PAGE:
Being a type A personality is tough. I have had to learn to let a lot of things go. It is a challenge to find what satisfies a person, our tastes change quite a bit over time. My problem is I put so much of myself into my quilts that when I give them away as gifts, I feel a bit let down. Like someone moved out! They become a part of me. My choice of pattern, fabric, color, quilting design, etc. These are all my choices. And, probably the only thing I will ever have control of!!

    The search for what satisfies you will make your quilting world expand. You will always need to know more, accomplish more, perfect more, try more. No, you are not whining, you are on an adventure!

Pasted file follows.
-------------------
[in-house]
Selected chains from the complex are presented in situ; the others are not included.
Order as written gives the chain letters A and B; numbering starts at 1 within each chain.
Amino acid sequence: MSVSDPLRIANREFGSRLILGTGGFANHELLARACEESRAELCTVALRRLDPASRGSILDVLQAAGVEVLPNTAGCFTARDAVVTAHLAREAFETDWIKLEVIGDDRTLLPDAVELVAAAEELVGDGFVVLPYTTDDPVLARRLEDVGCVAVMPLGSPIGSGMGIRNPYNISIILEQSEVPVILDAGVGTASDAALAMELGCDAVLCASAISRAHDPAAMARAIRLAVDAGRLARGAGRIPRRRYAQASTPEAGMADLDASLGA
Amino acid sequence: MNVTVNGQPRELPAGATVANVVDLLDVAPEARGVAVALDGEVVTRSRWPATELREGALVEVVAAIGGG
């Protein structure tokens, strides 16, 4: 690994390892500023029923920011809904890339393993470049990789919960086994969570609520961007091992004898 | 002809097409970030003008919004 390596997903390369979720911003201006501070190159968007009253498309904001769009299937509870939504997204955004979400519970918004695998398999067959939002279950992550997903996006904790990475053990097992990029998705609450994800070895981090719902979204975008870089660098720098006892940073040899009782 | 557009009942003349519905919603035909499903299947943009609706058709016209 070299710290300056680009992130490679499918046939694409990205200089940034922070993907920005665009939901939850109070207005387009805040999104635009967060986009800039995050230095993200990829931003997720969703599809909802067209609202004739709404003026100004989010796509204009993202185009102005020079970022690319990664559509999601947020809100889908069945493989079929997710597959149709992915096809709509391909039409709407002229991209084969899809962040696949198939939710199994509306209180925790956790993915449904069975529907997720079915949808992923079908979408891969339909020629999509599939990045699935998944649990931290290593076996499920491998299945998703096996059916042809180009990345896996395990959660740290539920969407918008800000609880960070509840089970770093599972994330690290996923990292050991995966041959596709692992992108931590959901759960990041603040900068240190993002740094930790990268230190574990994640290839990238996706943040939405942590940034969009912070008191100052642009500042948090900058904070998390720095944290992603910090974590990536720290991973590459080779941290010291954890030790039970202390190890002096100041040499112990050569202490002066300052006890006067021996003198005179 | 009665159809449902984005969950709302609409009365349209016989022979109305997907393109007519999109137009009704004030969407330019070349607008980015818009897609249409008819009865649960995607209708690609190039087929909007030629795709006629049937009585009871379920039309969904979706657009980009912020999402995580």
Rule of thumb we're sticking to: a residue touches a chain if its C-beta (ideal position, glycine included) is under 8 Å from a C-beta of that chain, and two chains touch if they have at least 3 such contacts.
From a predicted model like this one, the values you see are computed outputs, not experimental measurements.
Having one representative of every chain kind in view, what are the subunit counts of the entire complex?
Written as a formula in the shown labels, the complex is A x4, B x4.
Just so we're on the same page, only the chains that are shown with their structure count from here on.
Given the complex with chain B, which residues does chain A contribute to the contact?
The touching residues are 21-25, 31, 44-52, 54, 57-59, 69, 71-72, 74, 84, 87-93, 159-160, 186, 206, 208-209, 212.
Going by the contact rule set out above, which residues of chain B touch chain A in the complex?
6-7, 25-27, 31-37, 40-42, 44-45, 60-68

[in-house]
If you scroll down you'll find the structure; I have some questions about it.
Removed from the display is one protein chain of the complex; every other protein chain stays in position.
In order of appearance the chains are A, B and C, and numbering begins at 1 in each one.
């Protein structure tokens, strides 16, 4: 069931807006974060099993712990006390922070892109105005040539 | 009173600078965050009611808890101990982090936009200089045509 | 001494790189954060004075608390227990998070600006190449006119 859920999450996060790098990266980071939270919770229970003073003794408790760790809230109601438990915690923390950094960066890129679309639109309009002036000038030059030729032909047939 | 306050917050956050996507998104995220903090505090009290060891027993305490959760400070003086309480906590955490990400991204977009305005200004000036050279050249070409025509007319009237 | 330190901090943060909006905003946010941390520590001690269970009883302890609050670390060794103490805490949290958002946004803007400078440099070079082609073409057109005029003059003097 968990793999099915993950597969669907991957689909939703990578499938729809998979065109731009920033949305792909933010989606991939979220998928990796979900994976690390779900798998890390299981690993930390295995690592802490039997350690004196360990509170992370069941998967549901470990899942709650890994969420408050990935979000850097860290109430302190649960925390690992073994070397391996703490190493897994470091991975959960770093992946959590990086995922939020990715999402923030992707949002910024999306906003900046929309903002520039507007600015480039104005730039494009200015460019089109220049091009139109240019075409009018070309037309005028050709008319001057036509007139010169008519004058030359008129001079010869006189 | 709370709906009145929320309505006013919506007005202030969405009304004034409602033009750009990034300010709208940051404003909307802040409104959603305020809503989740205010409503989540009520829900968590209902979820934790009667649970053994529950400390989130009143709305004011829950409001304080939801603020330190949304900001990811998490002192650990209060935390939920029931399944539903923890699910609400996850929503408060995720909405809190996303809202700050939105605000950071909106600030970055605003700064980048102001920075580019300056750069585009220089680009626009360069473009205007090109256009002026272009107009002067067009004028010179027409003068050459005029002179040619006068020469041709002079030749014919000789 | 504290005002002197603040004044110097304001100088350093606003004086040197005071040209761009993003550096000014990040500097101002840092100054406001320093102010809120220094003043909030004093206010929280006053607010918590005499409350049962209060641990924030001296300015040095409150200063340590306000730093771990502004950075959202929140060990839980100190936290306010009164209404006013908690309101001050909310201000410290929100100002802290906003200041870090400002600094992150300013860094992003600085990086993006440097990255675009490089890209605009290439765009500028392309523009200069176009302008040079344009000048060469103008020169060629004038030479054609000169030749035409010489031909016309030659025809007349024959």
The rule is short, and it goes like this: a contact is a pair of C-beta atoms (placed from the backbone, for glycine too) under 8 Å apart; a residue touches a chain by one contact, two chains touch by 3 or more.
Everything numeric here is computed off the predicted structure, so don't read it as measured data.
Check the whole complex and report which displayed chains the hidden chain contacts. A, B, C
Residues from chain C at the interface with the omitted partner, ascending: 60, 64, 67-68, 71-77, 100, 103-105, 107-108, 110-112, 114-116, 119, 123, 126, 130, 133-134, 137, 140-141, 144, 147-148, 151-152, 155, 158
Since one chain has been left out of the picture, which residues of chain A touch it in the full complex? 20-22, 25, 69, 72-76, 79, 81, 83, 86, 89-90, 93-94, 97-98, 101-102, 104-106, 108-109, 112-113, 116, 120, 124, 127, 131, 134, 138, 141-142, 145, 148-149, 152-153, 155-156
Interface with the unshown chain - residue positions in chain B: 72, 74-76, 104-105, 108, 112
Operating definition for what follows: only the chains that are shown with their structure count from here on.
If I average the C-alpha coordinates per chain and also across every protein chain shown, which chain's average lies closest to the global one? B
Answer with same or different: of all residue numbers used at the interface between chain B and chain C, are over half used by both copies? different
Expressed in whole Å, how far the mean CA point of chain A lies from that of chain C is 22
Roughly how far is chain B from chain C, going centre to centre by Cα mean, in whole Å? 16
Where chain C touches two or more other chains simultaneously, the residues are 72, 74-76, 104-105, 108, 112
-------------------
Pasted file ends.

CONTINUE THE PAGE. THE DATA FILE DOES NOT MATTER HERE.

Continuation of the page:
6. #6
    Super Member pollyjvan9's Avatar
    Join Date
    Mar 2010
    Location
    Oklahoma City, OK
    Posts
    3,027
    Blog Entries
    1
    I do all my own quilting on a Juki with a 9" throat. I don't quilt tops in the queen or king size. Most of mine are twin, maybe up to full size and large throws. Lots of smaller quilts, wall hangings, baby quilts. I don't have a large number of FMQing designs I feel I am real good at, but I do have a few and that is what I use. I do loop-d-loop, loops, stipple (large and small) hearts and leaves and some just random fillers. You can do a lot with just one or two designs. and then the learning curve is not so steep. You can add designs as time goes on.

  7. #7
    Senior Member bunniequilter's Avatar
    Join Date
    Sep 2010
    Location
    Buried Under My Stash up in Canada!